Chanting is the repetitive rhythmic speaking or singing of words or sounds, often at only one or two pitches or tones. The presence of chanting occurs in many different belief traditions, though the prescribed practice or intended effects may differ slightly. Many have found chanting to increase connection to the Divine, heal mental blockages, protect the mind, and work to heal physical ailments.
Anjula: For you who don’t know, Krishna Das is known as the rock star of Yoga. He’s a kirtan singer. Could you just break down a little what kirtan is? Krishna Das: Kirtan is a chanting practice. It’s a spiritual practice, a meditational practice, but it involves singing and chanting.
When one hears a chant like Aum Namoh Bhagvate Vasudevaya, it is not a Grammy award ceremony that comes to mind as the setting of such chanting; but that is precisely what Krishna Das has been able to do—take cherished age-old Indian kirtans to a global stage such as the Grammys.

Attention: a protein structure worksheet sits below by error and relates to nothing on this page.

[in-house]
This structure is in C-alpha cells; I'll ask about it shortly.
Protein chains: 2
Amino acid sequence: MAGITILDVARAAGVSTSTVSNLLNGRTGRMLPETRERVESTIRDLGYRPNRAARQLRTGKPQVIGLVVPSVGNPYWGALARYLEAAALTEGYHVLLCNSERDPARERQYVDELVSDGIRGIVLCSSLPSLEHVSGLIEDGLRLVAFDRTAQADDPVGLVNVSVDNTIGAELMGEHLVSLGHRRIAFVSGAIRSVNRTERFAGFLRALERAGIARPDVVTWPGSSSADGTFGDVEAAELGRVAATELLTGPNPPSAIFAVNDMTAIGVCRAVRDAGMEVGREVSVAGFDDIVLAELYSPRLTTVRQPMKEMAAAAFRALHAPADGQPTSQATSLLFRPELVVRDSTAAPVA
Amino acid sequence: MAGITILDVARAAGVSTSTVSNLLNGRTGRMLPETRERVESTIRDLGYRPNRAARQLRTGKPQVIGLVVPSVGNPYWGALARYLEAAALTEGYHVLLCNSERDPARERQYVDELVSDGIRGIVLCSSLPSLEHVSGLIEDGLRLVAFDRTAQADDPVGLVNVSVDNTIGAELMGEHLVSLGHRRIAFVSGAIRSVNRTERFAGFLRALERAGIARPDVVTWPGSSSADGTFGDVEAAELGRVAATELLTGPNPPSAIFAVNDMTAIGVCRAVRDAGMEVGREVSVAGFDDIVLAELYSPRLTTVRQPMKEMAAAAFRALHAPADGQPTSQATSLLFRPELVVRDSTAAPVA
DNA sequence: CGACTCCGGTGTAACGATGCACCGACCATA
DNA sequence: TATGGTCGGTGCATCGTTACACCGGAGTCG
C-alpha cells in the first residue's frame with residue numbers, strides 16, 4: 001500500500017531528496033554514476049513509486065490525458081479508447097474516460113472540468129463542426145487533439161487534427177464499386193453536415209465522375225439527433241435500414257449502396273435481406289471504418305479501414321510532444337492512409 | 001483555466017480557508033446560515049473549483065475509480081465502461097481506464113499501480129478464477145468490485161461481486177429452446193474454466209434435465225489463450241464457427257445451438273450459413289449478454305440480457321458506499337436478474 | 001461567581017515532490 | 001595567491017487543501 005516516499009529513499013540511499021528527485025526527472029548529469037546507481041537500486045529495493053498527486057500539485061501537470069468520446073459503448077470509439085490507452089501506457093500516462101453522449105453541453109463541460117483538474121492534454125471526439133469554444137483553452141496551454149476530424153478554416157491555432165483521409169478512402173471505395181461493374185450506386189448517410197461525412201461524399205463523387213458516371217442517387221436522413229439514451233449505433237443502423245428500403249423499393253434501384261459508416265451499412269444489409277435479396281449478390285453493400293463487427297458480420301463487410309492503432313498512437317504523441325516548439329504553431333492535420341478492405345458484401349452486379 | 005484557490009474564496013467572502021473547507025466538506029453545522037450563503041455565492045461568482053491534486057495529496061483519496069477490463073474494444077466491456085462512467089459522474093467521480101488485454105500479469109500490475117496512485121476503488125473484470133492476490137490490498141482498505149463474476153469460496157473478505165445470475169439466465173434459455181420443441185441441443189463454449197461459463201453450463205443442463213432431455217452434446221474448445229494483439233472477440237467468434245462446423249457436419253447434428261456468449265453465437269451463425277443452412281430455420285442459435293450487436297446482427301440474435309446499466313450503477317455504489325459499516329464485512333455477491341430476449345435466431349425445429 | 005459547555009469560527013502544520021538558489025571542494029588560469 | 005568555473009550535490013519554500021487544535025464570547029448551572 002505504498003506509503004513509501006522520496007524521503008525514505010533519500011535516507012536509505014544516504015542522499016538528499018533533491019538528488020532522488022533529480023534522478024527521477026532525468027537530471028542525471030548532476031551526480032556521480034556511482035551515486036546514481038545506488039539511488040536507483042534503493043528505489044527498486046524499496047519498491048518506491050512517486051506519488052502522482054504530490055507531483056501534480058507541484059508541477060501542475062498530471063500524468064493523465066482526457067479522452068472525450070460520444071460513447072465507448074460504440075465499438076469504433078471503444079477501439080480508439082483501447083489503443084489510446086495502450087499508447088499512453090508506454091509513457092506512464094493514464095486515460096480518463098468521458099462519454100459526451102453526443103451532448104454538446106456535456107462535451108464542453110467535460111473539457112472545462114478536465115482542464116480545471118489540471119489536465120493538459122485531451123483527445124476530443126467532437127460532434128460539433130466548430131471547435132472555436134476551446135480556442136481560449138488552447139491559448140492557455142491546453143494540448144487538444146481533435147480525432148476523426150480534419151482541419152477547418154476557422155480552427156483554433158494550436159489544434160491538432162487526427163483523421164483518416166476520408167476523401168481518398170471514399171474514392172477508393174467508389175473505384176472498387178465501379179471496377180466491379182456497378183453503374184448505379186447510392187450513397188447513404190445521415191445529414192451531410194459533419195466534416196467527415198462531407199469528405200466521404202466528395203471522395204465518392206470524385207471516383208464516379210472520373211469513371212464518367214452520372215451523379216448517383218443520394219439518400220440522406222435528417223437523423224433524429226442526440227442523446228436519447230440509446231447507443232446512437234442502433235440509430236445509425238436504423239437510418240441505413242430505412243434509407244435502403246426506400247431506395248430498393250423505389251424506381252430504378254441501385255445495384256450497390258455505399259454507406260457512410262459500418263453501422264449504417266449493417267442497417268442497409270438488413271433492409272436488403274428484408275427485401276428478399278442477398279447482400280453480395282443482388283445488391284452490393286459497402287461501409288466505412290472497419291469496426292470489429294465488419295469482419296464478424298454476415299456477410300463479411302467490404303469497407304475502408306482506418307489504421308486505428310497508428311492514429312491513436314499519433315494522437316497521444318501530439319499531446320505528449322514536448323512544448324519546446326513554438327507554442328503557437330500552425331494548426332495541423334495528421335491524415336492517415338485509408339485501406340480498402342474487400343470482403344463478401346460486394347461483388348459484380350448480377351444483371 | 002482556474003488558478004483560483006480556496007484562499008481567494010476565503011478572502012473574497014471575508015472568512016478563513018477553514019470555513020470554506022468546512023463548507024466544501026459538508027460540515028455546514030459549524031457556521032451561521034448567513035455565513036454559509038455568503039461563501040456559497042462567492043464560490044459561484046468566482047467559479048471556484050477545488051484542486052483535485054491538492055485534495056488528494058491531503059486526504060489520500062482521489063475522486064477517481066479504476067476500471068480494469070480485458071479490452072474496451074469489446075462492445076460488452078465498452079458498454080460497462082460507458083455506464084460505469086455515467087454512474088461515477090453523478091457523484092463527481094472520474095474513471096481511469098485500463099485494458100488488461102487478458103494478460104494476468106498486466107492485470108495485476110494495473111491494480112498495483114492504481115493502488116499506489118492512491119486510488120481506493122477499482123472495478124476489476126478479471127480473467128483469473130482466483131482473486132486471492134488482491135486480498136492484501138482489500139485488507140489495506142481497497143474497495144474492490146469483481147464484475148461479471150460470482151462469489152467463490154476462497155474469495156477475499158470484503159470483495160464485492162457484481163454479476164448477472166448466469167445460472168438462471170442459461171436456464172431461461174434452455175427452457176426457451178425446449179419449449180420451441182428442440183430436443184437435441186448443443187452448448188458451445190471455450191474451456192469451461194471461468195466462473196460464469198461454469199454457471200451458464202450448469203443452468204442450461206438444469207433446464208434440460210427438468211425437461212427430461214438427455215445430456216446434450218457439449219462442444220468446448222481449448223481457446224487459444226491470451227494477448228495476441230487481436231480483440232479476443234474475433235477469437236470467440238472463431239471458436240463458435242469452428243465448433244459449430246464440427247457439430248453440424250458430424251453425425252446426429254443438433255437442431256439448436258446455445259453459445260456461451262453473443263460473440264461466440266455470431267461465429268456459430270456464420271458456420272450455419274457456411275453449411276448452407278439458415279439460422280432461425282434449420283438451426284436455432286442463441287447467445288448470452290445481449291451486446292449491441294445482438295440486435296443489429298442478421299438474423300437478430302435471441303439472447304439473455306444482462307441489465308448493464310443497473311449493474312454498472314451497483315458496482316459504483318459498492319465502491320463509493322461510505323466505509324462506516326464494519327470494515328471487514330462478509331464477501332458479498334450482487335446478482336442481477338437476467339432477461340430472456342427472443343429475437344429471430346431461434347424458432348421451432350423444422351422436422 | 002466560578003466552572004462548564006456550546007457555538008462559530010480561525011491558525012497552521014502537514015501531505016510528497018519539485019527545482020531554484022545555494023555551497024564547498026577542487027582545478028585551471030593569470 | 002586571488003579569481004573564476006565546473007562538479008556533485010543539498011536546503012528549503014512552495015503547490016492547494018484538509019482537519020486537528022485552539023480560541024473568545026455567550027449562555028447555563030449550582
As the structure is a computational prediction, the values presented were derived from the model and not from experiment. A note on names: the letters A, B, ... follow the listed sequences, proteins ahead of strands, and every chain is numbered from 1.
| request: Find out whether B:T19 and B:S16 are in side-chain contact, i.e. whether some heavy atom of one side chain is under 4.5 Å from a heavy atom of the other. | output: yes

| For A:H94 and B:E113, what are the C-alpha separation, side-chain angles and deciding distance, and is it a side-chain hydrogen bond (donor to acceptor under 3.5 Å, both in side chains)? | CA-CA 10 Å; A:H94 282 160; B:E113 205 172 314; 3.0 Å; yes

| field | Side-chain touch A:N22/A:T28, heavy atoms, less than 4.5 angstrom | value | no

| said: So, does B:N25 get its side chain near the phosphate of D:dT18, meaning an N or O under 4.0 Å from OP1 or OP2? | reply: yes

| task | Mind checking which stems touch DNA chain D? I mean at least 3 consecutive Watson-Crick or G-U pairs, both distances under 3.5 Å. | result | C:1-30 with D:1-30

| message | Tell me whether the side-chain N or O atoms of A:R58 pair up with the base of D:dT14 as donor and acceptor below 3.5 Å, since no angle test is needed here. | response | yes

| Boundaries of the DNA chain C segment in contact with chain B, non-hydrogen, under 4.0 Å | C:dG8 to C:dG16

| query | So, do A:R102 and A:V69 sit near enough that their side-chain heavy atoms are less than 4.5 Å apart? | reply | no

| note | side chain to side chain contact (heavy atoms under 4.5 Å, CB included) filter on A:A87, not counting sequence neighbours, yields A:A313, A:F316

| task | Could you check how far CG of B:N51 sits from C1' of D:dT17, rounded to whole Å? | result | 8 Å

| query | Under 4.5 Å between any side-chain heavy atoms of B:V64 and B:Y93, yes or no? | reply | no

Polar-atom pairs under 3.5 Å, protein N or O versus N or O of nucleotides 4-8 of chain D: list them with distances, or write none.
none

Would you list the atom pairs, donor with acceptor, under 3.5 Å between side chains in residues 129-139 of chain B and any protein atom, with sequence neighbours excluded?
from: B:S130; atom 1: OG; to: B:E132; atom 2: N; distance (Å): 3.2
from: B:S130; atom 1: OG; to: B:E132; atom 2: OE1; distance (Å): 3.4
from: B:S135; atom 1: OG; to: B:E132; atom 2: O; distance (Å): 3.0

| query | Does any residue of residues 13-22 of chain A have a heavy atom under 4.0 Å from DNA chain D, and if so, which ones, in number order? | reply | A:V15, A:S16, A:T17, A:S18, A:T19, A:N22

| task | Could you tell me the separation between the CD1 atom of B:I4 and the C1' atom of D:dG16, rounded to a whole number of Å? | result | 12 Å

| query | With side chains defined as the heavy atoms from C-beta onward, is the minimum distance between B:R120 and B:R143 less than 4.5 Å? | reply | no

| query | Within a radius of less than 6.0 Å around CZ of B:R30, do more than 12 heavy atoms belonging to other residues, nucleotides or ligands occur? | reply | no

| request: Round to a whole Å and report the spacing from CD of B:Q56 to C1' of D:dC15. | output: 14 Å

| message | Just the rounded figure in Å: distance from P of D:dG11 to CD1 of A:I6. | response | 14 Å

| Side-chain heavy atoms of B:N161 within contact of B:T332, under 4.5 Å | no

“I understand there are people who feel that what happens in the West with chanting is ridiculous—what do we know about chanting?” says Krishna Das, the white guy from Long Island whose name is synonymous with Indian mantric music in America. “That’s really dumb.
If the Kirtan world had rockstars, it would Krishna Das. Originally from Long Island KD, as he is affectionately known, spent the late 60s travelling and living in India where he met his guru Neem Karoli Baba, known to most as Maharaj-ji.